In some cases, the embedded MathType equation objects just need to be refreshed to help improve the PDF creation process. Before converting the Word document to Adobe's PDF format, do the following:

  1. Open the document in Word and choose the Convert Equations command from the MathType tab or menu.

  2. Select 'Whole Document' under Range and 'MathType equations (OLE objects)' under Convert Equations To.

  3. Click OK to begin the conversion process.

  4. Once finished, try the PDF creation process again to see if the results have improved.

Creating PDFs from Microsoft Word

The preceding instructions on this page apply to creating PDFs from a Microsoft Word document, but we have some tips we think will make the process go more smoothly.

  • Word has an option to embed fonts, but this applies only to the document's text and will have no effect on equations. In order to embed fonts in a way that will be respected for equations in the PDF, you must follow the instructions above.

  • There are multiple ways to create a PDF from a Word document. This list isn't intended to be all-inclusive, but these are the most common (not listed in order of preference):

    1. Save As PDF. Using Word's Save As dialogue, you can choose tsn69-save-as-pdf.png. Doing so uses Word's capability to save in PDF format and does not use Acrobat to do so. It will embed fonts by default (and in fact, there is no option not to embed fonts), but just like saving in Word's .docx format, font embedding applies only to the document's text. Using Save As PDF is probably the easiest way to create a PDF from Word, but should not be used if your document contains equations if you're using Windows. If you're using a Mac, this is the only real solution for creating a PDF from Word. (There are 3rd party applications that will do this, but remember this article is specific to Adobe Acrobat.) There's also a command to Share > Send PDF in Word for Mac. This is OK too, and uses the same process as "Save As PDF".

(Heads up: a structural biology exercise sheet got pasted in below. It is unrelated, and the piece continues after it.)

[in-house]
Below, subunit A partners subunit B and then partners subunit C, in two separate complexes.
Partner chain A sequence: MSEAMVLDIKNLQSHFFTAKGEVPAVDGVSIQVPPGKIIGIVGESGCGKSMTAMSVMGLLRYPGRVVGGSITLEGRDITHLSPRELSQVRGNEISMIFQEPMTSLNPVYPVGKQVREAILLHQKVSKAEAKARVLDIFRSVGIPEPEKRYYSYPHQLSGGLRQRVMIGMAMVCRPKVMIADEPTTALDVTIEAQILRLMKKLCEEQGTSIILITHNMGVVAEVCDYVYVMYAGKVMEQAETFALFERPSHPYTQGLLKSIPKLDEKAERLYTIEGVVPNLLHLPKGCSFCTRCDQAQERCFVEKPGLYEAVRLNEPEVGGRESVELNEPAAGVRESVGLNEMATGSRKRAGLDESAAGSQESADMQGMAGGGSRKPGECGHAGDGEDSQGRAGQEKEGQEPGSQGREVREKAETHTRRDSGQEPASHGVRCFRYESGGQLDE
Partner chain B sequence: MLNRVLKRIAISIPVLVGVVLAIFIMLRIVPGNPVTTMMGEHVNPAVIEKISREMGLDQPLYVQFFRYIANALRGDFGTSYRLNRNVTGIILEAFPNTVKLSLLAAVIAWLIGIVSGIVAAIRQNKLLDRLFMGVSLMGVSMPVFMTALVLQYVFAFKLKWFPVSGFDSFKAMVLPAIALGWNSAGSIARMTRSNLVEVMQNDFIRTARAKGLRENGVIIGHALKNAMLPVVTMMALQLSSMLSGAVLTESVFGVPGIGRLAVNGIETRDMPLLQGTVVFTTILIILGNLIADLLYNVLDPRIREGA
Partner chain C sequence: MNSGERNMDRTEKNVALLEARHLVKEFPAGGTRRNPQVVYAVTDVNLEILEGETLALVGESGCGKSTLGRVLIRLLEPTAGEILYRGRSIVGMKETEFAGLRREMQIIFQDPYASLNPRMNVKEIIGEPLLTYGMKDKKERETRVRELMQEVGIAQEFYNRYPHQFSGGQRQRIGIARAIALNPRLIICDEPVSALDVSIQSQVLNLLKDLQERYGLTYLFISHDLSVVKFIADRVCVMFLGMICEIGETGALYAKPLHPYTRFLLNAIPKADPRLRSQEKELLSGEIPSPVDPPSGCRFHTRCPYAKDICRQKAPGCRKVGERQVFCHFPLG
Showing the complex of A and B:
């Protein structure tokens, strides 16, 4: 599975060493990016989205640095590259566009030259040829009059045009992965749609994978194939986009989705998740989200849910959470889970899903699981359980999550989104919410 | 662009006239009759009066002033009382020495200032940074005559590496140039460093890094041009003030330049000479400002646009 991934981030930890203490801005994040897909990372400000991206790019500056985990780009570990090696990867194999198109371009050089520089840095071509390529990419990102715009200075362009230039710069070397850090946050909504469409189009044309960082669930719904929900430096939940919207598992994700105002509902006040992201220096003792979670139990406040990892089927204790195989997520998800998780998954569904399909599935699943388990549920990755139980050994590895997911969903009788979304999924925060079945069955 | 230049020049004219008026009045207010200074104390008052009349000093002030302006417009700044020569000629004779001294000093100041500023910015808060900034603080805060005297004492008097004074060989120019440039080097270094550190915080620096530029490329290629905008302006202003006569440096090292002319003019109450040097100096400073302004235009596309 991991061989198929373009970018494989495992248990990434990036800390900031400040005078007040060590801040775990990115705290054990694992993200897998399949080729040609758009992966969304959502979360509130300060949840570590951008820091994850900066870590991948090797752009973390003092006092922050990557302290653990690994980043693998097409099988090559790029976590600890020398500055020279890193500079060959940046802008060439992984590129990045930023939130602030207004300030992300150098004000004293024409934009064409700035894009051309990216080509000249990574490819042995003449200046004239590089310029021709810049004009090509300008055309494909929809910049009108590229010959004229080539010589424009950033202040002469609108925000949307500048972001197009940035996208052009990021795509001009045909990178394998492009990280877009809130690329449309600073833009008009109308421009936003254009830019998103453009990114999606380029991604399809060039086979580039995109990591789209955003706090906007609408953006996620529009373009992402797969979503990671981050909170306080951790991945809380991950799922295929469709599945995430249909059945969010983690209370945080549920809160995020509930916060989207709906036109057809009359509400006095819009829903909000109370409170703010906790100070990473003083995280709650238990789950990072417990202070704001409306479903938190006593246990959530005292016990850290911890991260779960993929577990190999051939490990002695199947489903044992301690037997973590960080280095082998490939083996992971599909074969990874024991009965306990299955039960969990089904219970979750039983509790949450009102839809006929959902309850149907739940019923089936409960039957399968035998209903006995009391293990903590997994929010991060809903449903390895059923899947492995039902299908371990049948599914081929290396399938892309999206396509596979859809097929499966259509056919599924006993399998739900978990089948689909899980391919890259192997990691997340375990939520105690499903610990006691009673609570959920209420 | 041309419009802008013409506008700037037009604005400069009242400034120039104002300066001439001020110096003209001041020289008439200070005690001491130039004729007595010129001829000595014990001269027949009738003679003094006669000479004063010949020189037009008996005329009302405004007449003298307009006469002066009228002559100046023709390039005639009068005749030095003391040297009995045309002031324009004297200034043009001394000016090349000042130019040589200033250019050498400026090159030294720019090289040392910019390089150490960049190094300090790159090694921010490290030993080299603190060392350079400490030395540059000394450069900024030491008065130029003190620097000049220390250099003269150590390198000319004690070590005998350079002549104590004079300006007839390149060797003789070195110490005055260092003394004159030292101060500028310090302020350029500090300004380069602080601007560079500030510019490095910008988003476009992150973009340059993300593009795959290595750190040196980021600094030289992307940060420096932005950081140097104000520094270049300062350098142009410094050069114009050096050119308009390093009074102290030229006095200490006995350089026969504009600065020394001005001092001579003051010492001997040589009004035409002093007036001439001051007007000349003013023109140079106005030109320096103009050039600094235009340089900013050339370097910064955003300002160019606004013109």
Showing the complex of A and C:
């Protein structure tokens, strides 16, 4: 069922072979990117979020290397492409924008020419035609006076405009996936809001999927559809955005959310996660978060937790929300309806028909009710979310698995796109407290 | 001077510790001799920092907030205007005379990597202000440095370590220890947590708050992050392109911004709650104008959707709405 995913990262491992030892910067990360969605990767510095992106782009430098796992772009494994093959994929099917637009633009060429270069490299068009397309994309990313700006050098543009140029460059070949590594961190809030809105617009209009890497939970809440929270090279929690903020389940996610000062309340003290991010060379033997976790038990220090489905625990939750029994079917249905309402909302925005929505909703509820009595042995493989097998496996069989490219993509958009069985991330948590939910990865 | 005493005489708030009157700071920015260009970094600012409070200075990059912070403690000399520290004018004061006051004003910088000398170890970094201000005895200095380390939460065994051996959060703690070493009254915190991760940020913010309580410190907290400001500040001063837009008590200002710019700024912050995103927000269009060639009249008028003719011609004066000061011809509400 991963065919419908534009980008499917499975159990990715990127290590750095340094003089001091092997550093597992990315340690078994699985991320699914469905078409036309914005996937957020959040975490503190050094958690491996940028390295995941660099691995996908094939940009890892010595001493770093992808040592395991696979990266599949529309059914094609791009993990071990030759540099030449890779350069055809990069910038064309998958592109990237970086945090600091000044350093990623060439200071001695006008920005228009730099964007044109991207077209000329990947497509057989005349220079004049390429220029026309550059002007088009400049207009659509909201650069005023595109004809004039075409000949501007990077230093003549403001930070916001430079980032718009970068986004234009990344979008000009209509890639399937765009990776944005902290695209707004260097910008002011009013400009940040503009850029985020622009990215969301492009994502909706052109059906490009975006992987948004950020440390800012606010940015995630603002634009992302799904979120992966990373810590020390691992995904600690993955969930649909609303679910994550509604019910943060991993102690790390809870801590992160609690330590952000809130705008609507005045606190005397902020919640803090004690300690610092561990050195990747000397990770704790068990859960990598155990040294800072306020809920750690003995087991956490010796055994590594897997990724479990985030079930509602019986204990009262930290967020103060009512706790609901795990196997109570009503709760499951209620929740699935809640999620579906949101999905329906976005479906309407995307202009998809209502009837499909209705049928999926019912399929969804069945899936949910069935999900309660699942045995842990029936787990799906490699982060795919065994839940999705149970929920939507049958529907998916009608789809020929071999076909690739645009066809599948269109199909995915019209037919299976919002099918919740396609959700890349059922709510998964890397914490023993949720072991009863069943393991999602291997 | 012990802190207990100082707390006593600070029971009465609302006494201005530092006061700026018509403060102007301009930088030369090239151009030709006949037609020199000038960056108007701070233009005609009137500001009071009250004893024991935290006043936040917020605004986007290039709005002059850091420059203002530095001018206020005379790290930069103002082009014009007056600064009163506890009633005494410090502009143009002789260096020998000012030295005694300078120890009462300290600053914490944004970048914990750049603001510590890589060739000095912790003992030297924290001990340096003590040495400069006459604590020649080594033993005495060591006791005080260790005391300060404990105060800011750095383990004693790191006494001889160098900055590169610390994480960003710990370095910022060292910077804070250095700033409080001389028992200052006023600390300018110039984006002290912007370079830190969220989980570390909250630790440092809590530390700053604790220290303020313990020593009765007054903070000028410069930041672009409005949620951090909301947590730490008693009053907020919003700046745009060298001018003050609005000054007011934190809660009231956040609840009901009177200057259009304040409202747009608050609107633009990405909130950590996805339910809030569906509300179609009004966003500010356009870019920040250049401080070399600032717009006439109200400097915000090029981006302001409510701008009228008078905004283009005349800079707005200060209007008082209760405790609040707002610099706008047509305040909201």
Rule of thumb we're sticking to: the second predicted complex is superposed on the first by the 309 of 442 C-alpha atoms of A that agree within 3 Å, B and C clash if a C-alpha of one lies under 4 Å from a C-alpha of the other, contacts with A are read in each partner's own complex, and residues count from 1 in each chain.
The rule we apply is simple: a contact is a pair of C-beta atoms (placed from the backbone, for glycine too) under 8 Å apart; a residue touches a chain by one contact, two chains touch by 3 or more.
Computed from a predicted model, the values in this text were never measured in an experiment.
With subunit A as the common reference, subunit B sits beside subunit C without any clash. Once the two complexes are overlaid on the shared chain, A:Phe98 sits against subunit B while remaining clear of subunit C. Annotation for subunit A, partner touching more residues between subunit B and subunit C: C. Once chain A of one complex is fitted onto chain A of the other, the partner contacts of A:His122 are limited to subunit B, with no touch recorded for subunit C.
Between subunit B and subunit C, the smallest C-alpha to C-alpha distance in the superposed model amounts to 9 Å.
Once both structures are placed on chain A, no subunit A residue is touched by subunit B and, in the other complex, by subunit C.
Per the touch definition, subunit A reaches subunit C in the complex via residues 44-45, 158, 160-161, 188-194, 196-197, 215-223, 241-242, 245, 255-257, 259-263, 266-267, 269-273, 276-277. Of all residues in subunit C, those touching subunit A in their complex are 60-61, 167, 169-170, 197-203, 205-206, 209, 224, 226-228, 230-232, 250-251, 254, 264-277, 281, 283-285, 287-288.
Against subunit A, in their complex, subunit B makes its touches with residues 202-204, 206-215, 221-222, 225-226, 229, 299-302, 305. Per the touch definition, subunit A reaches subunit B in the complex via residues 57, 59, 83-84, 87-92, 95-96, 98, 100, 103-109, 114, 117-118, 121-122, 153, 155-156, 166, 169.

2. Save as Adobe PDF (Windows). Access this command from Word's File tab. Although this brings up Word's Save As dialogue, the process is different. Save as Adobe PDF uses Acrobat PDFMaker and the following two methods. Some options are available via the Save As dialogue, but none involves embedding fonts. This method should render MathType 7 equations faithfully in the PDF.

    3. Export > Create Adobe PDF (Windows). This command is on the File tab as well. It's essentially the same as the previous method, Save as Adobe PDF.

    4. Create PDF (Windows). This command is on the Acrobat tab in Word. It produces the same result as the previous two methods. All three ways use Acrobat PDFMaker. You can set the options for all 3 of these by choosing Preferences from the "Create Adobe PDF" group of the Acrobat tab in Word. To embed fonts described above, click Preferences to bring up the Adobe PDFMaker dialogue. Click Advanced Settings. The default for PDFMaker is to "Embed all fonts" and to embed only the characters in use. So PDFMaker should work fine without specific steps to embed MT Extra and the other fonts you've used in your equations, but you can explicitly choose to "Always Embed" MT Extra if you want to be extra safe.


We hope this has been helpful. As always, please let us know if you have questions about this or if you have additional techniques that work. We'd love to hear from you.